Principles Of Harmony In The Home
The Principle of Loveís Commitment
The home that is harmonious is built on commitment. Two individuals come together to commit themselves, body, soul and spirit to each other. The proper foundation for the home is laid as each person in approaching the marriage altar says with his or her whole heart, "I am committing myself completely to you."
This, of course, includes commitment not only of all that one is but also of all that one has. The spirit of the happy home is that of giving to the other person, even as "God so loved that He gave." Those who have had their own cars, bank accounts, homes, and furniture suddenly find that in becoming one, all artificial property distinctions melt away as each gives all to the other person. Commitment short of this does not lead to the happiness of full harmony, but it leads, rather, to doubts and reservations.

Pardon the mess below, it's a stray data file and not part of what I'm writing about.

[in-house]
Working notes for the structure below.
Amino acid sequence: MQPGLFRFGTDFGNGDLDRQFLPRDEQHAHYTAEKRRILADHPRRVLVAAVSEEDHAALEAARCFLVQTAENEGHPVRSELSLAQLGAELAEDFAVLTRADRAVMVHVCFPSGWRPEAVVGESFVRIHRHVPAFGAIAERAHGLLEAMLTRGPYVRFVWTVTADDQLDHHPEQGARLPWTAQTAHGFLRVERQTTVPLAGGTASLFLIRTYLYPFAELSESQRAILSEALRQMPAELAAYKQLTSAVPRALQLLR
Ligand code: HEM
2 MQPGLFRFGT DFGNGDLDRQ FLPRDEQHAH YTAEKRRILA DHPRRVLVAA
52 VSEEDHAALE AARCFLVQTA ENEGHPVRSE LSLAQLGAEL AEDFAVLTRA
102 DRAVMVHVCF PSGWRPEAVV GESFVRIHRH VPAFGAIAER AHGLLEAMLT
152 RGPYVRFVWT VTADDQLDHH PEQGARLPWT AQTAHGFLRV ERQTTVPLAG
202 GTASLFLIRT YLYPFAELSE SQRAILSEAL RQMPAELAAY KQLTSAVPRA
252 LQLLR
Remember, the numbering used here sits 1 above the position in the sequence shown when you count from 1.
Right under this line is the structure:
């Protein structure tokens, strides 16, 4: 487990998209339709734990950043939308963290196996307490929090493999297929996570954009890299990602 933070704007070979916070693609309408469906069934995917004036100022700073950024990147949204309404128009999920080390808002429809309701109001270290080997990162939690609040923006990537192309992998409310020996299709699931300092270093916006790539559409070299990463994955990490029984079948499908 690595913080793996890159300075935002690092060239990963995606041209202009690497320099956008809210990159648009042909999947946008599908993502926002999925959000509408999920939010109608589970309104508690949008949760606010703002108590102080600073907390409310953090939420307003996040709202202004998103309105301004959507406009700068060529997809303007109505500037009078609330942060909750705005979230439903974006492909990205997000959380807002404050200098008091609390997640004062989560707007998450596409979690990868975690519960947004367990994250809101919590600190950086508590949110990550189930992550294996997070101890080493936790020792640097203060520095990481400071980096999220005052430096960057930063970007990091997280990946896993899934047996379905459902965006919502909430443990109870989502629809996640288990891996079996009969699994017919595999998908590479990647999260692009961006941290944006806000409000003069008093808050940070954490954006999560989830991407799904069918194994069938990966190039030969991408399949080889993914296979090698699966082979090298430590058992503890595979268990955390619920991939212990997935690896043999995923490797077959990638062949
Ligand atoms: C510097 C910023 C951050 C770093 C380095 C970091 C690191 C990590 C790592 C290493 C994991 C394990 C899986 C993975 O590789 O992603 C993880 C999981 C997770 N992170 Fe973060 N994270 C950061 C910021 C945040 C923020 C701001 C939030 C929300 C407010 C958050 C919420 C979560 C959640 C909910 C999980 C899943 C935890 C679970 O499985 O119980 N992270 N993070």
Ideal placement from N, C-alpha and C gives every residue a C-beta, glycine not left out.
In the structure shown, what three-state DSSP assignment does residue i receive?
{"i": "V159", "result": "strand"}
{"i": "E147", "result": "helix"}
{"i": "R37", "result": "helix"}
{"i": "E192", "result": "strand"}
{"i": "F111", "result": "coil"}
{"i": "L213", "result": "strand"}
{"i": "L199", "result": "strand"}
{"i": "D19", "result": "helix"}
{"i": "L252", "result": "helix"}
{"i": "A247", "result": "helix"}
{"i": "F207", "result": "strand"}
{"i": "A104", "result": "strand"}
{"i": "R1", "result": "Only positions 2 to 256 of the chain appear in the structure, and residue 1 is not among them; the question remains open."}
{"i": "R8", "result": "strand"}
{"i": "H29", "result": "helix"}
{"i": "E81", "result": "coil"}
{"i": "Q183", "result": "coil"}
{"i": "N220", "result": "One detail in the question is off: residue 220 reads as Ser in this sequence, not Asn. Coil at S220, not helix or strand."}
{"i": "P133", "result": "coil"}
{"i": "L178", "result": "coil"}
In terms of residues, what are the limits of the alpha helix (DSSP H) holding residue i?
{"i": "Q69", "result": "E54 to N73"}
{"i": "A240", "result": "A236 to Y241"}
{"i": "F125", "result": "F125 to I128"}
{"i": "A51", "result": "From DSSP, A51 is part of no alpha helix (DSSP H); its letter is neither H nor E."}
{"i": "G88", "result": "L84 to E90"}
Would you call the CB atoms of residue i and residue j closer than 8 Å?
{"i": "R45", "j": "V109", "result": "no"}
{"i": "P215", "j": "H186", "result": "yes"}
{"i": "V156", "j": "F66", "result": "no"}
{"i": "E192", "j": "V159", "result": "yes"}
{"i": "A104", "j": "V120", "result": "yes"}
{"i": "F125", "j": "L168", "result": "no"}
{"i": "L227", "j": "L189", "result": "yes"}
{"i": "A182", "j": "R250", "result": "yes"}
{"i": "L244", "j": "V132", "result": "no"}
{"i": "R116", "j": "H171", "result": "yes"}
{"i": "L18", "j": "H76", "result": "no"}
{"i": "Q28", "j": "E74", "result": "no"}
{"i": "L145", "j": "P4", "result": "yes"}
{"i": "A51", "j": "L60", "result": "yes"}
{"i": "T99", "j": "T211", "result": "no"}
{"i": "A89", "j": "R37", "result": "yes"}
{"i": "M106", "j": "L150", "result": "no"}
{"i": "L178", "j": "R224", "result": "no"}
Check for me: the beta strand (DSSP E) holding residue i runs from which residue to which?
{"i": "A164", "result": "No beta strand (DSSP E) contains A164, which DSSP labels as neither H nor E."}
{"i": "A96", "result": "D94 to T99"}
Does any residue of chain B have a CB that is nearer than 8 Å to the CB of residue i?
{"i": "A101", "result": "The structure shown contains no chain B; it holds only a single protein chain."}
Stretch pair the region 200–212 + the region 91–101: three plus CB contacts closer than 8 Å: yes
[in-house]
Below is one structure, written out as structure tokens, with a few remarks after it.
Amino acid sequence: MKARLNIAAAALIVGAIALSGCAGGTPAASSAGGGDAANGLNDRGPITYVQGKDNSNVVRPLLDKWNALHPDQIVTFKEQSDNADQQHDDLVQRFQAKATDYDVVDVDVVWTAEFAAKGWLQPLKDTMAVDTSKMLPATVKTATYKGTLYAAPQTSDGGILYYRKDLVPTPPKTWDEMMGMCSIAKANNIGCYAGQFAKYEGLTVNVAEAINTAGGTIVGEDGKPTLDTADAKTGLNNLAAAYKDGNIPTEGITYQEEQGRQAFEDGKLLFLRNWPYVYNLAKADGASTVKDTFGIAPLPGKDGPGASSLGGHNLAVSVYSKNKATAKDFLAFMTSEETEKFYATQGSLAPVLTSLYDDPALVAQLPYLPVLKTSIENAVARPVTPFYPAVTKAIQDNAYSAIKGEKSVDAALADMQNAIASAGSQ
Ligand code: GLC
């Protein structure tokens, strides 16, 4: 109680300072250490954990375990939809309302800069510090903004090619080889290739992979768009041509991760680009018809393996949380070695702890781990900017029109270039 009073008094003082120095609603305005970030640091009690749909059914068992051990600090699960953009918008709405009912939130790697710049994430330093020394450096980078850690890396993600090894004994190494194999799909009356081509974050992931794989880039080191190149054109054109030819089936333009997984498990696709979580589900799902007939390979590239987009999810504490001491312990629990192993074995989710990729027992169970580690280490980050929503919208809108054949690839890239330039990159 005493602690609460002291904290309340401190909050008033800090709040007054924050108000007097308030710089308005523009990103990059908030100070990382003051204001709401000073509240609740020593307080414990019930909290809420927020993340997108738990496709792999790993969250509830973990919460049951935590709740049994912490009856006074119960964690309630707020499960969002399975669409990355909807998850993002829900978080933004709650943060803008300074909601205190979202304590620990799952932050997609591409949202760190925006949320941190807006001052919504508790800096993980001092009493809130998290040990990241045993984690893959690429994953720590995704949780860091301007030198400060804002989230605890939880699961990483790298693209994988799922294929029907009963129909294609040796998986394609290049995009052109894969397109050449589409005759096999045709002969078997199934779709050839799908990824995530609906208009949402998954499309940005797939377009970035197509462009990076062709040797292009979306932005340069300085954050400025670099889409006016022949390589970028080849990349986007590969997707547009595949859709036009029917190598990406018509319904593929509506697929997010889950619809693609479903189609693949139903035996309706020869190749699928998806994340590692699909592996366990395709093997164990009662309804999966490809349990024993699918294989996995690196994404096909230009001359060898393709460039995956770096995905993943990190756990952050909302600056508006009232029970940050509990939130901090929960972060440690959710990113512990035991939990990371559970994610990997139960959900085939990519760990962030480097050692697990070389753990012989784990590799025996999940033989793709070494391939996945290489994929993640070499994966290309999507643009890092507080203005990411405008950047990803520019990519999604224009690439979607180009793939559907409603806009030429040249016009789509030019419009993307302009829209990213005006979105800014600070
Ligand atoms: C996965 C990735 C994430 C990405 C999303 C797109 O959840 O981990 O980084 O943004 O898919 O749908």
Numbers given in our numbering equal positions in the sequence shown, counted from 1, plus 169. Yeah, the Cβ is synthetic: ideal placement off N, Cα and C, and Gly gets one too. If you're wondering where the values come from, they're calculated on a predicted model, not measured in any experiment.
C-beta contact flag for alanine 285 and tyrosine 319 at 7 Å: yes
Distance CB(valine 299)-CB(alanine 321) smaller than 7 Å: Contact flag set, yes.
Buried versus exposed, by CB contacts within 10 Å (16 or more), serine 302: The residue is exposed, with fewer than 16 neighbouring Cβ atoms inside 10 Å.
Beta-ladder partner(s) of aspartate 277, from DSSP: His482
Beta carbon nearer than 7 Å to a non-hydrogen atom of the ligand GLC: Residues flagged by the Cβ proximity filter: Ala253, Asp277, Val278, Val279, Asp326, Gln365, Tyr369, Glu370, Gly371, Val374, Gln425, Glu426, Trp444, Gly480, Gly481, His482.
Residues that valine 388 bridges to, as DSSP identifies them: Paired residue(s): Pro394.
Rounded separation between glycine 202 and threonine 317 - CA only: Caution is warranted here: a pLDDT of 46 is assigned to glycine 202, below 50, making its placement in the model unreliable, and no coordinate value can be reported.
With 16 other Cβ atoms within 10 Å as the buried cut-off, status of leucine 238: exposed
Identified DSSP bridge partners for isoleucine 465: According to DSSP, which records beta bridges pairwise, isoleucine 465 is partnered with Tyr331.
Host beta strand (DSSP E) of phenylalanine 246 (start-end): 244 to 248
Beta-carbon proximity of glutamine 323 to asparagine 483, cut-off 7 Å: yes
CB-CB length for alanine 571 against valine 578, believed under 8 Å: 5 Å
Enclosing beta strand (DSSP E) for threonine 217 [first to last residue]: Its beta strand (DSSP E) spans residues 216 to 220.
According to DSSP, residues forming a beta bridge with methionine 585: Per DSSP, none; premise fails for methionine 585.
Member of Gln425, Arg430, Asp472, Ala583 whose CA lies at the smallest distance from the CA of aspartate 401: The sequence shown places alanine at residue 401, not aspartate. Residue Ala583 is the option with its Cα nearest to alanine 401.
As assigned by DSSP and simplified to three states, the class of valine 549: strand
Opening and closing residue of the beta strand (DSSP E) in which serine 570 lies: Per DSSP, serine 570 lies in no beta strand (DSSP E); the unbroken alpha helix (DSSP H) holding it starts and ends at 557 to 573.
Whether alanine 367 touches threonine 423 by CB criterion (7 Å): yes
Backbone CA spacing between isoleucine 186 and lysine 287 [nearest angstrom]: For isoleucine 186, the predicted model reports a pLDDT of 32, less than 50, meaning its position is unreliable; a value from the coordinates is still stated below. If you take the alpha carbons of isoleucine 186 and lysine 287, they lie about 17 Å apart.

The key factor in commitment that is being attacked so persistently today is that of permanency. Godís order is "until death do us part" (Rom. 7:1-3; Matt. 19:6). It is tragic when a marriage vow may now read "until divorce do us part." There is no doubt that total commitment of oneself for oneís entire life is Godís order.
Mutual recognition of the permanence of marriage is also a great key to overcoming the inevitable obstacles that confront two individuals seeking to harmonize their lives. If there is a way out of marriage, our fallen human natures will seek that way, rather than endeavoring by the grace of God to overcome our differences. Loveís commitment is for the entire life. As someone has stated, it is "total commitment of the total person for the total life."
The Principle of Loveís Acceptance